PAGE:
Their death-overs hitting is also pretty good, with Buttler and Livingstone facing the bulk of the deliveries in that phase. And we all know what a well-set Ben Stokes can do in the back end of the innings. They also bat deep, so none of their top order will be too worried about getting dismissed. If Sam Curran starts, they basically have proper batting till number eight. Perhaps nine with Chris Woakes. 

England's new ball bowling has been a crucial part of their success. Chris Woakes will likely bowl in this phase along with a left-arm seamer. It would be interesting to see if they prefer Sam Curran because of his batting to Willey and Topley. However, across all phases, Willey has taken 37 wickets at 22.35/5.20 econ, while Topley has taken 22 wickets at 27.68/5.15 econ in this World Cup cycle. Curran‌ has 26 wickets at 36.15/5.77 econ in the same time period. However, Sam Curran has been a better option than Topley with the new ball. 

They have to take more wickets in the middle overs – a role performed by the duo of Rashid-Plunkett in the previous World Cup. Moeen Ali and Liam Livingstone have experience of playing in Indian conditions, so they would have to chip in with the ball here. Mark Wood is expected to be used as a middle-overs enforcer. If Reece Topley starts, he can also be useful.

🏏 England cricket team performance predictions

Their death bowling is a bit of a problem without Jofra Archer. Sam Curran has been on and off – he was brilliant in the T20 World Cup but had a poor IPL. Mark Wood will probably bowl the bulk of the overs at the death, too, along with Woakes and one of the left-arm seamers. 

Their batting is still different gravy. They can out-runs any team in the world, in terms of speed, and depth. If Butter and Livingstone bat together, they might have more power than the last World Cup.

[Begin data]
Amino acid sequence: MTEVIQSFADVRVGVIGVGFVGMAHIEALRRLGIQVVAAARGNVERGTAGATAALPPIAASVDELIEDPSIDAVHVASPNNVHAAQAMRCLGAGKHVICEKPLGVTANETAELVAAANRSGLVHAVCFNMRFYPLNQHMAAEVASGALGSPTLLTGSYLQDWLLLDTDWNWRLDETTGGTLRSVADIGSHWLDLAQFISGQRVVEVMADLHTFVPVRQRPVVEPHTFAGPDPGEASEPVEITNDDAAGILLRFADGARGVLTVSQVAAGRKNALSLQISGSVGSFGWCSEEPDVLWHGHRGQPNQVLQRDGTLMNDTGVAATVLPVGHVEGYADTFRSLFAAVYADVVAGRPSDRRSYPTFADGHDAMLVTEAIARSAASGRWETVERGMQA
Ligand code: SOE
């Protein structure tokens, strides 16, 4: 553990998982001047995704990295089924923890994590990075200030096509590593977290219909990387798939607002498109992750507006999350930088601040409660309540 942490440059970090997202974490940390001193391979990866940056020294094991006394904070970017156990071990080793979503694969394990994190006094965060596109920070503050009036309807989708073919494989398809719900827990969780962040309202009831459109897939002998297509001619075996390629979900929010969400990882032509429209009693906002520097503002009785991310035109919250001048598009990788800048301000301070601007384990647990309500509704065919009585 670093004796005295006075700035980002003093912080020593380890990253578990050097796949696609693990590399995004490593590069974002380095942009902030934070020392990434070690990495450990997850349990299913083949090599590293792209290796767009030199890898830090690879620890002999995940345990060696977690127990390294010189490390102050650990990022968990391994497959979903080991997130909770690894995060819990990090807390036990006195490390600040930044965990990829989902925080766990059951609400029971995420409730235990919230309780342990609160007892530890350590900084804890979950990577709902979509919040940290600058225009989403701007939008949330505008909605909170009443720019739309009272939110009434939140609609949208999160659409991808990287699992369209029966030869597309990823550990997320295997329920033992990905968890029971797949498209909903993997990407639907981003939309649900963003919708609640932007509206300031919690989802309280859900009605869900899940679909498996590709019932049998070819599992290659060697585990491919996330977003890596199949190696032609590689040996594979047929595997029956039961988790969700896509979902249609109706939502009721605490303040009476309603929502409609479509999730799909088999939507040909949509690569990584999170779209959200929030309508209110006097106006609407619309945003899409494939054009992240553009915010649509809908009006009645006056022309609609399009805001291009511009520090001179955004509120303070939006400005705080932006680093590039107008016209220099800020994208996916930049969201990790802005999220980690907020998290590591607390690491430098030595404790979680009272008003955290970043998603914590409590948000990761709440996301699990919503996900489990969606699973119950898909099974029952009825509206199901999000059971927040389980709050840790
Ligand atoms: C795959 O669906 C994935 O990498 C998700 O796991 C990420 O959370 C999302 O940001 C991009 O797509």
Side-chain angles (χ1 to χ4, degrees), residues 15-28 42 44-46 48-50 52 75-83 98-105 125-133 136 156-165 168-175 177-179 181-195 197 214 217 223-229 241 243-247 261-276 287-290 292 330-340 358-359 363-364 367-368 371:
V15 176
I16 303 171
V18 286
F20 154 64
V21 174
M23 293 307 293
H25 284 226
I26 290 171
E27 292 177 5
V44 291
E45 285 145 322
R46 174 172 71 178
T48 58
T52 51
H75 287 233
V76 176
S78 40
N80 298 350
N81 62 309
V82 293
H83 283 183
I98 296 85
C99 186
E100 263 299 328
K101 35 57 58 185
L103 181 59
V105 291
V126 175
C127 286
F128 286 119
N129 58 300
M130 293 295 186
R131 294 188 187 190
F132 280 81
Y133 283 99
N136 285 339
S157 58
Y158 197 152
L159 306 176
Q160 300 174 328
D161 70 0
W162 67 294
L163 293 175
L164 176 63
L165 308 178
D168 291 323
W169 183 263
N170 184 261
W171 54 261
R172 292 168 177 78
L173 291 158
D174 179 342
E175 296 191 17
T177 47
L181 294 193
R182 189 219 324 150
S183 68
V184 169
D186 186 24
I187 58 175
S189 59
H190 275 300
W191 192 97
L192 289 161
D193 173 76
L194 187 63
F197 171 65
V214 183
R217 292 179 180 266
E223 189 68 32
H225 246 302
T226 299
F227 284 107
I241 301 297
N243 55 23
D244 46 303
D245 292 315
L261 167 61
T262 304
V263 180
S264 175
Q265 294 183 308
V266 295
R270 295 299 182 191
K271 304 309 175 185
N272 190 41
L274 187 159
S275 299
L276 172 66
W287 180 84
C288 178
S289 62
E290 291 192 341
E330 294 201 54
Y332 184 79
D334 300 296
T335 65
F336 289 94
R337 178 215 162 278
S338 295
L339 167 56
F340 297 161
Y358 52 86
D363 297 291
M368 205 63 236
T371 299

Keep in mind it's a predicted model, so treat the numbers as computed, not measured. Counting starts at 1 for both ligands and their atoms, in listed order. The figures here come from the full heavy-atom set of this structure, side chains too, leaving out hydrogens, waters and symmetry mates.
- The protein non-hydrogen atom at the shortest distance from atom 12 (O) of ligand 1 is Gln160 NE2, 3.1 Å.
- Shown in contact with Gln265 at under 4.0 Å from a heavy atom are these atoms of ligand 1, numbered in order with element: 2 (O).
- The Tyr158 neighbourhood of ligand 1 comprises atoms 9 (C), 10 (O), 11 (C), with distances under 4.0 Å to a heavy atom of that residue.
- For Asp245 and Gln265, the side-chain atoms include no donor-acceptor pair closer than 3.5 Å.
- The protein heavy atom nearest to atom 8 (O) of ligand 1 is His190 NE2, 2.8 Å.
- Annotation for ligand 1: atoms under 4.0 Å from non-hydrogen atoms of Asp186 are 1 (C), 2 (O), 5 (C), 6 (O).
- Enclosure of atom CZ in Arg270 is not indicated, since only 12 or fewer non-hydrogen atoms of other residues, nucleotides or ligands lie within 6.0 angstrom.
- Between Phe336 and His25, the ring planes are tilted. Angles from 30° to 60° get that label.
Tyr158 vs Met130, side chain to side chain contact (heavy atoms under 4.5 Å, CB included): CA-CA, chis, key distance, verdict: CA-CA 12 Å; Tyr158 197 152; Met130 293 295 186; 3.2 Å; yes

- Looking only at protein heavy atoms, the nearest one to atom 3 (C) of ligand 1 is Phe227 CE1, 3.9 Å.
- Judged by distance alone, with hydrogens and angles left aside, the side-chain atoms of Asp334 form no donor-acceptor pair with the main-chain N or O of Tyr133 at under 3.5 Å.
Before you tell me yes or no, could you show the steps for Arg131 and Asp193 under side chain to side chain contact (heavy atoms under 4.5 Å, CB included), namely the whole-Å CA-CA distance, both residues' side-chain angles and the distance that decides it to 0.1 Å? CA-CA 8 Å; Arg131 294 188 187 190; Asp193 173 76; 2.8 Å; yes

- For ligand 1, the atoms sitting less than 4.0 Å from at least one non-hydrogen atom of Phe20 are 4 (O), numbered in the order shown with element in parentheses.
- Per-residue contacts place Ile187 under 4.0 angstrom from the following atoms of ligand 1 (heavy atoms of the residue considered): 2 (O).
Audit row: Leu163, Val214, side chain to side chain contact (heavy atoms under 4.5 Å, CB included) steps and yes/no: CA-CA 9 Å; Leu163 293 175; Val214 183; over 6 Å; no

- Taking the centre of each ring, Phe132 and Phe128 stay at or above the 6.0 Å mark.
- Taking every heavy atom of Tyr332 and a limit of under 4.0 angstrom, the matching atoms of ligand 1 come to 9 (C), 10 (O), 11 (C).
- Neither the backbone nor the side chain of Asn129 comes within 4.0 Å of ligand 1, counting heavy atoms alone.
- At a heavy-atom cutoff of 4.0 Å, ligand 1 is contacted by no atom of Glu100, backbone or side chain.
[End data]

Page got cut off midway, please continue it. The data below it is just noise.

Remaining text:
But their bowling is not as strong. Adil Rashid has struggled since the last edition, no one has nailed Plunkett's role and there is no backup for Archer. 

Nothing should stop them from the semi-finals outside of catastrophic injury luck (which they had in the UAE T20 World Cup – and they still made the semis). England have done well in knockout games of major tournaments, and they are definitely title contenders. They are not as good as they were five years ago, plus Australia, India and South Africa have improved. 

But the good news for England fans is they didn't play their best last tournament, and they still won. And other teams may have got better, but have they gone past?

What odds are England to win the Cricket World Cup?

England are generally 3/1 (Sky Bet, bet365) to win the World Cup in India this year, behind only the hosts.

India are best-priced at 9/4 (Sky Bet, BetVictor).

Sky Bet are currently offering a boosted 7/2 on England, plus 10/3 on England, India, Australia & Pakistan all to reach the semi-finals.

Australia and Pakistan are third and fourth favourites at 9/2 and 7/1 respectively.

Cricket World Cup odds (Sky Bet)

  • India 9/4
  • England 3/1 (boosted to 7/2)
  • Australia 9/2
  • Pakistan 6/1
  • New Zealand 9/1
  • South Africa 9/1
  • Sri Lanka 25/1

Bet on the Cricket World Cup with Sky Bet

About the author

Jarrod Kimber

With over 10 years of experience in the sports media industry, I am a passionate and versatile media entrepreneur and sports analyst. I also founded Good Areas, a network of podcasts, YouTube channels, and emailers that focus on how fans like sport, and that tell stories beyond the mainstream.